"You're talkin' at me now, Frances Smith, don't you make no remarks about my appetite. I'm not strong and must eat well to keep up."
"Humph, it makes you feeble to carry round. I don't know what would happen to you if you had a chance to set down once to a square meal of vittles. I guess you'd bust."
"I want you to understand, Mis' Frances Smith, that I've et better vittles than you've ever seen. When I had my home my table was the talk of the countryside."
"Yes, and if you hadn't et up everything, perhaps you wouldn't now be where you are, havin' beans on Monday and cabbage on Tuesday and soup on Wednesday and--"
The wrangling went on amongst these old derelicts sitting on the sunny side of the Doane home for old ladies. Their lives were filled with little jealousies and quarrels over petty details. They lived in the past and exalted it until they themselves had grown to believe that they had always trodden flowery pathways, until by some unfortunate chance, for which they were not to be blamed, these paths had led them, when old age and helplessness came upon them, into this home for the poor and lonely.
* * * * *
Drusilla slowly made her way to the parlor, which she entered with the wondering, surprised look still on her face--surprised that any one should ask for her, and wondering who it could be.
Two gentlemen rose as she entered, and Mrs. Smith, the Director of the home, said:
"This is Drusilla Doane. Drusilla, this is Mr. Thornton and Mr. Gale, who wish to speak with you."
They bowed over Miss Drusilla's hand, which was falteringly extended.
"We are very glad to meet you, Miss Doane. Won't you please sit down, as our business will take quite a little time to transact." Turning to Mrs. Smith: "May we speak with her alone?"
Mrs. Smith plainly showed that she shared in the curiosity of her charges in regard to the meaning of the visit to Drusilla, but she rose from her place and said:
"Oh, of course I will leave if you must see her alone."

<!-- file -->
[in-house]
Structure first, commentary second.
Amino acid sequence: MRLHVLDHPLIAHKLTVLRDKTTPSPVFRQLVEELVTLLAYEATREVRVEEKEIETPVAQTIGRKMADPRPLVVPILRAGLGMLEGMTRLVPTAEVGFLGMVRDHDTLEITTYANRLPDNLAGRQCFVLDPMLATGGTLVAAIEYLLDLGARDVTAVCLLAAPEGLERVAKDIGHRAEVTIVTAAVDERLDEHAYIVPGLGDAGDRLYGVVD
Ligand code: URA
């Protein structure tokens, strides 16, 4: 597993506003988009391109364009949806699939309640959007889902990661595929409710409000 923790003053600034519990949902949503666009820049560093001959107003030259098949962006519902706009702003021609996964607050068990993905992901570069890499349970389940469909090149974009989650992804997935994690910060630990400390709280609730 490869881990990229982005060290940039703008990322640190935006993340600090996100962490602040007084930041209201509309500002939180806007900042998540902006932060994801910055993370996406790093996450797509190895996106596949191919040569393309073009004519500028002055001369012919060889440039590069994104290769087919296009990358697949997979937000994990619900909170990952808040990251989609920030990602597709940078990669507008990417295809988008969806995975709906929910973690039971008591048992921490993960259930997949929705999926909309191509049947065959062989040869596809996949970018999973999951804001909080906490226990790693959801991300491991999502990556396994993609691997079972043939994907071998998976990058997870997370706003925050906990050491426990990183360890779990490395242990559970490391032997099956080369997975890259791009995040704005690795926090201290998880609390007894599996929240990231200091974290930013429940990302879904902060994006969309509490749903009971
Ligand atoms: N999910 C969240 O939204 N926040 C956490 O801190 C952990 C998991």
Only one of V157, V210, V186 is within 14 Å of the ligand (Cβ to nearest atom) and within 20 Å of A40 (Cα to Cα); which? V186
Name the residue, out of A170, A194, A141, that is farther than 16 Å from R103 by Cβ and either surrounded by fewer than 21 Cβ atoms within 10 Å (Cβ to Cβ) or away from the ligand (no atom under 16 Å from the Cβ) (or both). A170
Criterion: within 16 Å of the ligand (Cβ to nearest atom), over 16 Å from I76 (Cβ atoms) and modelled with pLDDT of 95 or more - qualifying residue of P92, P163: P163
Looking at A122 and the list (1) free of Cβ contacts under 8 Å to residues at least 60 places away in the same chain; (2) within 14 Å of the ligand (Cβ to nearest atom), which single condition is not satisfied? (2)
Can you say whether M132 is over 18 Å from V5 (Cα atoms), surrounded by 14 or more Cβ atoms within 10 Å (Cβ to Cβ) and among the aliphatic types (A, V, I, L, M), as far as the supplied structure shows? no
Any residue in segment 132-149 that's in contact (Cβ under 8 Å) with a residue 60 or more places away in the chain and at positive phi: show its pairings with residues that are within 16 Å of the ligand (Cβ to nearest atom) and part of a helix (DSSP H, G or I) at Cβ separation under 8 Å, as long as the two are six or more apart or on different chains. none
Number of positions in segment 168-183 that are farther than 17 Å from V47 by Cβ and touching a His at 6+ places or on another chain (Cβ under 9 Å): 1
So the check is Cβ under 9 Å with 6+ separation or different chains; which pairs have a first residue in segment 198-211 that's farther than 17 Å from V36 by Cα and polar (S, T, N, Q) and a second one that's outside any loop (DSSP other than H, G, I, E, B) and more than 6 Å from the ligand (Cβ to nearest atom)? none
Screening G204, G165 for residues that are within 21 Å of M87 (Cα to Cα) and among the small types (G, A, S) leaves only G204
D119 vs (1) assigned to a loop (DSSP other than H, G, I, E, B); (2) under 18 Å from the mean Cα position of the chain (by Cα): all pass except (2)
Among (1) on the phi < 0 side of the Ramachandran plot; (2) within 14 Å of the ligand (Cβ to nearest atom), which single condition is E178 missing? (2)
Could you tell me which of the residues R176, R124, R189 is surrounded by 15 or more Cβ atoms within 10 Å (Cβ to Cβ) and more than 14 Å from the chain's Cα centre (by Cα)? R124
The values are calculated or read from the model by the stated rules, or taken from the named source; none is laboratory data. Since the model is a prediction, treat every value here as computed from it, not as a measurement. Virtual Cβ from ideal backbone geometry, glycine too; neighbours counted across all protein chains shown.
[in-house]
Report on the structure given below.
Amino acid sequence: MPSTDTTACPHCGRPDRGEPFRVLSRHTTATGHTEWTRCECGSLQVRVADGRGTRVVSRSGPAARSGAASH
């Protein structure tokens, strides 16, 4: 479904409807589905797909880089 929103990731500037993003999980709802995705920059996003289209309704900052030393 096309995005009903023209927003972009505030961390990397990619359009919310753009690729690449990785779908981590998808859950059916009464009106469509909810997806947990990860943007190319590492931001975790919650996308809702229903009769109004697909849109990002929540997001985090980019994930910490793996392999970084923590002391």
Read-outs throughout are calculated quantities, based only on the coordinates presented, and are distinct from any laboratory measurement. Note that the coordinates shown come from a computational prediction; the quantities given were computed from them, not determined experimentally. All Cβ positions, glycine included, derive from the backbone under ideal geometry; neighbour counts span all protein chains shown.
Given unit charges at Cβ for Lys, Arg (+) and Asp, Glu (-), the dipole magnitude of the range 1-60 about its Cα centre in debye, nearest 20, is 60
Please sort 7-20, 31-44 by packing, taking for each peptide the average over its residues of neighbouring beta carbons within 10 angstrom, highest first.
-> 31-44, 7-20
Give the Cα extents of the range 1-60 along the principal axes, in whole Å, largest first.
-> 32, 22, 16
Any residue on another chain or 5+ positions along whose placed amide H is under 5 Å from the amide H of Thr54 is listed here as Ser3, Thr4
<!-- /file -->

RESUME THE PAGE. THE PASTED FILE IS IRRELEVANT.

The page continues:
"Thank you," said the taller of the men dryly. "Our business is with Miss Doane." He accompanied Mrs. Smith politely to the door and closed it, then, returning, drew a chair near to Drusilla.
"We are the bearer of news to you, Miss Doane."
Drusilla clasped her hands a little tighter.
"Has anything happened?" she said. "But nothing could happen that would matter to me, unless--" a panic stricken look came into her old eyes "unless--the Committee hain't decided that I can't live here, has it? They ain't goin' to send me to the county house, be they? I work real well, Mr. Thornton; I work as hard as I can. I'm sure I pay fer my keep."
The tall man cleared his throat and said stiffly: "No, Miss Doane, we are the bearer of good news."
The short fat man bent over and impulsively patted the hands that were so tightly clenched in her lap.
"No, Miss Doane, you don't need to worry about the county house. You're not going to it yet."
Drusilla drew a deep breath of relief, and the frightened look died from her eyes. She leaned back in her chair.
"Then I don't know what you've got to tell me. It can't be that some one I know is dead, because all of my friends died long ago."
Mr. Gale said, "Tell her, so she'll understand. You're worrying the poor soul."
Mr. Thornton took a legal looking document from his pocket and a letter.
"Miss Doane," he said, "did you ever hear of Elias Doane?"
"Elias Doane? No, I don't believe I ever did."
"Well, he was a distant relation of yours; another branch of the family. He thought he was the last one of the Doane name, as he never married. A few weeks before his death, hearing about this home he sent me up here to learn the particulars regarding it, and I found you here. I reported that there was an inmate by the name of Doane still living, and we investigated and found that you belonged to the family that we thought was represented by only one man, the late Elias Doane."
"He's dead, then. Was he a relation of mine, did you say?"
"Yes, very distantly related."
"Well, I'm glad I've had some relations, even if I didn't know it."
"Now, we will come to the business, Miss Doane. Our client, the late Elias Doane, was a very wealthy man, very wealthy indeed. His estate amounts to many millions, and he has left a very curious will."
The lawyer opened a paper in his hand and commenced to read, but Mr. Gale interrupted.
"Don't bother her with the will, Robert; she won't understand. Tell her about it and give her the letter."
"Perhaps that is better, as the legal terms might be confusing. The gist of the matter is this, Miss Doane. Our client, the late Elias Doane, left the bulk of his money to the many charities in which he is interested, but he left you his home at Brookvale, near New York City, to be kept up fittingly out of the estate, and he gave you outright, to use as you may see fit, one million dollars."